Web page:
Q: Where is this monastery?
A: It’s located just outside Three Rivers, Michigan and it’s called St. Gregory’s Abbey. It’s just over the Michigan border and it’s about a four-hour drive from Greensburg.
Q: What do you do there?
A: In short: pray, work, study, and rest. I live as one of the monks on their schedule. They pray seven times a day, starting at 4 a.m. I will be assigned work shifts. I’ll probably be mowing, gardening, cleaning, sweeping, and so on. I’ll also have plenty of time to rest and read and take walks.
A: Not all monastics are Catholic. This is a common misperception. In fact, this community is Episcopalian. As such, I’m free to receive Holy Communion there, which is important, since we celebrate the Eucharist daily.
Q: Can you talk?
A: Yes. It’s a quiet monastery, but not a silent one. They do request that silence is kept between compline, the last service of the day and mass the next day. Of course, we speak while doing the liturgy. They do ask that guests respect the stillness of the monastery at all times.
Q: Where do you stay?
A: They have a dormitory for guests. It is very basic but comfortable. I will have my own room with a bed and a desk and they provide clean linens. There are shared bathrooms.
A: I eat with the monks and other guests. The meals are prepared for us and it’s a take it or leave it affair. Most meals are vegetarian, but not all. We tend to eat meat on Sundays and feast days.
Meals are eaten in silence while a designated reader reads from a book chosen by the Abbot, the leader of the community, though books can be suggested by any monks. The books are non-fiction, but not always overtly religious. They tend to like histories. Last year they were reading a study of conspiracy theories from the 1950s to the present day.
Q: Are women allowed?
A: Yes and no. Yes, women are welcome to attend as guests and worship there, but cannot formally join the community. The July program I’m part of is just for men.
Q: How many monks live there?
A: Not many, just seven at the moment. They’ve never been a big community. While interest in visiting monastic communities has been on the rise, the commitment to make life vows has gone down greatly since spiking in the 50s and 60s. Part of this July program is to let people who think they might have a vocation to monastic life give it a try for a few weeks. Monasticism is not for everyone.
Q: How do they support themselves?
A: They don’t have an industry like beer making or farming. They do own a lot of property that they lease out to area farmers and their wooded property is sustainably farmed for lumber. They also have publications that they sell. Their needs are rather modest and no one there has a salary, though they do have some on-site staff they pay, including a grounds keeper and an office worker. Like most churches, they depend a great deal on offerings.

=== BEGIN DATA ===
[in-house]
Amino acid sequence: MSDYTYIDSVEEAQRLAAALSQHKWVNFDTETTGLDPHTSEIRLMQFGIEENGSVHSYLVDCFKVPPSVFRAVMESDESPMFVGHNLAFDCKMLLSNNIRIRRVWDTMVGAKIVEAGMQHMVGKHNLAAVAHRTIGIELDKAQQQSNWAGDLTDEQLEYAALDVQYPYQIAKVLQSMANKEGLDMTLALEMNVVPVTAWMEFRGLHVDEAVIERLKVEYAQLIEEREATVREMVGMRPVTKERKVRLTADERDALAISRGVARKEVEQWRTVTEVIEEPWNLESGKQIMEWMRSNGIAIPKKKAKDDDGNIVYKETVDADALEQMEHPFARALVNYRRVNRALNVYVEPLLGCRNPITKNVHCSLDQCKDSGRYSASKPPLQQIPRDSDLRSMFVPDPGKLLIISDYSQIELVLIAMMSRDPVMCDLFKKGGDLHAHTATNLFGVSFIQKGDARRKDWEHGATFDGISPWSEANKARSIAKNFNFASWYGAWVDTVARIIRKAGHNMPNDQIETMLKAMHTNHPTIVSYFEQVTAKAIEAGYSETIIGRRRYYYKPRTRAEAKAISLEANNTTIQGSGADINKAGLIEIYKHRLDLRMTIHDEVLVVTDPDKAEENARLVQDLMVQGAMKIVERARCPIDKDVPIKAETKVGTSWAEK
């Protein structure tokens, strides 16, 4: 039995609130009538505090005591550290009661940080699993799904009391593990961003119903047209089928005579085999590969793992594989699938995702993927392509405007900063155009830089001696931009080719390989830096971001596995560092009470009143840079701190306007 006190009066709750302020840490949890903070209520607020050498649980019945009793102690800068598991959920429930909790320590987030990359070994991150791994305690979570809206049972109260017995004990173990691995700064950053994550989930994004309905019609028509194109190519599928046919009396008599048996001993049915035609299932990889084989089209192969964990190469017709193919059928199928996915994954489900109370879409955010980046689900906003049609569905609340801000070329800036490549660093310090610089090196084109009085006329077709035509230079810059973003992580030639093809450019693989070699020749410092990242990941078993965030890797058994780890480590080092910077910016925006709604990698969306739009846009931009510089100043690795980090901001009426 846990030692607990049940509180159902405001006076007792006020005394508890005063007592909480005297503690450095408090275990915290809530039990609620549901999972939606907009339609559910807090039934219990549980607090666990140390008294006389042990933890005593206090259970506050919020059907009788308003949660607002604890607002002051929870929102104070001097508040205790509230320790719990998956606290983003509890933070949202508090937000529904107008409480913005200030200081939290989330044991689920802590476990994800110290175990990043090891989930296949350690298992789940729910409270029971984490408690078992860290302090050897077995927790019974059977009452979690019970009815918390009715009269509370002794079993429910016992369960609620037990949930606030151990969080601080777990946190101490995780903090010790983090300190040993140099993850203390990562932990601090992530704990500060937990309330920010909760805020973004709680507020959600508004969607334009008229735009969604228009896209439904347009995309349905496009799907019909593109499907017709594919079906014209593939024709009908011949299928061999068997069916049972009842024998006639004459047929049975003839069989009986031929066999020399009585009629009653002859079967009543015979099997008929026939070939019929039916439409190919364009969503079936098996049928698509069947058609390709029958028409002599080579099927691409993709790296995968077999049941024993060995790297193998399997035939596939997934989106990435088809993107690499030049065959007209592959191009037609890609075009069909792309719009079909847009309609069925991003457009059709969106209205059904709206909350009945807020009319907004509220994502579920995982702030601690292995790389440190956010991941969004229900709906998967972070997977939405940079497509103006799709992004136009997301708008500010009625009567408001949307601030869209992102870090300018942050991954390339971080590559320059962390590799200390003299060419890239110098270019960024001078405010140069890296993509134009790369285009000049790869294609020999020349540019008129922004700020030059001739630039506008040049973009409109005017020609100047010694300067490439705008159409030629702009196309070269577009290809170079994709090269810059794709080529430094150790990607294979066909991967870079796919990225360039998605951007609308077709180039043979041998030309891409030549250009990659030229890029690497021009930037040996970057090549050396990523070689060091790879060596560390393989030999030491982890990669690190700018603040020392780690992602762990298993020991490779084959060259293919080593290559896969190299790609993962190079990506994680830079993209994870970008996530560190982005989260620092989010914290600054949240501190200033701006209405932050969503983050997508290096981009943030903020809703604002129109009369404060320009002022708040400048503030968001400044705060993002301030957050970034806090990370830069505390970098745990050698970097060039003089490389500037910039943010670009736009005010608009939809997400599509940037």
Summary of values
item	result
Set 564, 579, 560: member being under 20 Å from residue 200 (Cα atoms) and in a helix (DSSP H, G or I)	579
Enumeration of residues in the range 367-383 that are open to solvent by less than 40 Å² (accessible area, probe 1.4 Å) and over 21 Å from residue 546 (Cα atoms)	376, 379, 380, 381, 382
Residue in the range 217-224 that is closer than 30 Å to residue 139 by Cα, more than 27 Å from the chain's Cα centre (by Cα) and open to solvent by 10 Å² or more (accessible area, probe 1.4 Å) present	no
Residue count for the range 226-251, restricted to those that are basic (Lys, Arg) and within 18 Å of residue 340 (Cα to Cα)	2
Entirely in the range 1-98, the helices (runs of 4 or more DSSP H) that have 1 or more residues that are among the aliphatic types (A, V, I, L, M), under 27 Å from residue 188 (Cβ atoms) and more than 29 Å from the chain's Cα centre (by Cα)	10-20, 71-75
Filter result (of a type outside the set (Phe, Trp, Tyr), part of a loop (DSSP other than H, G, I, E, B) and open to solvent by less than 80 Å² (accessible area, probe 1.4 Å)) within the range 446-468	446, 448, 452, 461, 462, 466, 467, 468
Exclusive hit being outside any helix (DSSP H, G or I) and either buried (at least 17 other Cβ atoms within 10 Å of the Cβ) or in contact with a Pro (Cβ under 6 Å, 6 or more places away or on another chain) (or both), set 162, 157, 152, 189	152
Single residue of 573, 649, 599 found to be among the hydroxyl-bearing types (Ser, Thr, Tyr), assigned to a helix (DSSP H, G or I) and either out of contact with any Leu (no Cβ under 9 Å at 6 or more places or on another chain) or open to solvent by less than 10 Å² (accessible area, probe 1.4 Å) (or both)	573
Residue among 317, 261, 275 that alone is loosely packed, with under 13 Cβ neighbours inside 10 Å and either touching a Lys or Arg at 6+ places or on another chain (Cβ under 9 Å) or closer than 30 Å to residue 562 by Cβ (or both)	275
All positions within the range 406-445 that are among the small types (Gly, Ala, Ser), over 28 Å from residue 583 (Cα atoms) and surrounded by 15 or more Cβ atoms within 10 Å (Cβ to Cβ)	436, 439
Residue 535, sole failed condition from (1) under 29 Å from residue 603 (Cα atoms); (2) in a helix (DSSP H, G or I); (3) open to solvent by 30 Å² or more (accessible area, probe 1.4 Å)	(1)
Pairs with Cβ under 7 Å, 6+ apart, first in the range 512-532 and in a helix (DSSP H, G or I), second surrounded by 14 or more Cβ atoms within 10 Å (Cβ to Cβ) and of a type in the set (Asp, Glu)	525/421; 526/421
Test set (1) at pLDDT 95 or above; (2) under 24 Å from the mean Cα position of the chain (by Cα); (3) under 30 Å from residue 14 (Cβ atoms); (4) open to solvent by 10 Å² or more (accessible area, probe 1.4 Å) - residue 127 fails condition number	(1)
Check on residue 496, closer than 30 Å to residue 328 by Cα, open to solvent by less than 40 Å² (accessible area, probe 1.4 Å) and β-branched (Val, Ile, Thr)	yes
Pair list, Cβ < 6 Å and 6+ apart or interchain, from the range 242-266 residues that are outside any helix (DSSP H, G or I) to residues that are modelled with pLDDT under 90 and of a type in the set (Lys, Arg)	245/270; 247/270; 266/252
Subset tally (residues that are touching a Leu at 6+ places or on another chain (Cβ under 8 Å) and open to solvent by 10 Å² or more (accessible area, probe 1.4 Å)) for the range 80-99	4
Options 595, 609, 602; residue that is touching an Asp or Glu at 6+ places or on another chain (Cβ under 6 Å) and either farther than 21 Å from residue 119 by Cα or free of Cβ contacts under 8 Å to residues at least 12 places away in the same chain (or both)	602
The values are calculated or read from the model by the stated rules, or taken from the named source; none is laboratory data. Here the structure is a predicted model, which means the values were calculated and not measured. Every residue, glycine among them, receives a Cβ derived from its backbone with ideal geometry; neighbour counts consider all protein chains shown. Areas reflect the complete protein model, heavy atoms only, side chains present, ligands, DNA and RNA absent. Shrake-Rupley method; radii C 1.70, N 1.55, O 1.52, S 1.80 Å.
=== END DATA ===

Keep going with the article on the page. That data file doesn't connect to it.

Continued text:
A: Yes! This pattern of prayer is set out in the Rule of St. Benedict, which is over 1500 years old. The outline of the daily services at St. Gregory looks like this:
4:00 a.m. Matins
6:00 a.m. Lauds
8:15 a.m. Terce and Mass
11:30 a.m. Sext
2:00 p.m. None
5:00 p.m. Vespers and Meditation
7:45 p.m. Compline
Other Benedictine monasteries vary this schedule, though it will look similar.
During the week the community reads and chants through all 150 psalms. Matins is the longest service of the day, running 45 to 50 minutes. Terce, Sext, and None are the shorter services, only lasting about 10 to 15 minutes each. Prayer is the primary work of the monastery. That’s what we are there to do. We pray in our silence and our speech, in our singing and our chanting, in our movement and our stillness.
The services there might look very odd to you. There are almost no hymns, except usually one during mass on Sundays or feast days. Likewise with preaching, sermons only on Sundays and feast days. There are plenty of psalms and scripture reading and prayers. You’d recognize the Gloria Patri which is repeated numerous times during the day, at meals, at the end of almost every psalm, at the beginning and end of worship, and this is usually accompanied with bowing.
If you look at the Presbyterian order for Daily Prayer – Morning Prayer, Midday Prayer, Evening Prayer, etc. – you will see something that looks more like these monastic services. You can find these liturgies in our Book of Common Worship, which is downloadable for free online as a PDF. You can also find the Presbyterian Daily Prayer app for your smart phone or tablet. It’s a free app.
A: It recharges my batteries. It’s a still point in the midst of busyness. It’s a reset. It’s sabbath time. It’s spiritual boot camp. Whatever metaphor works for you, I have found this yearly pilgrimage to be beneficial for my soul. Again, it’s not for everyone and I wouldn’t recommend it to most people, but it’s helpful for me.
Feel free to ask me before I go or when I get back!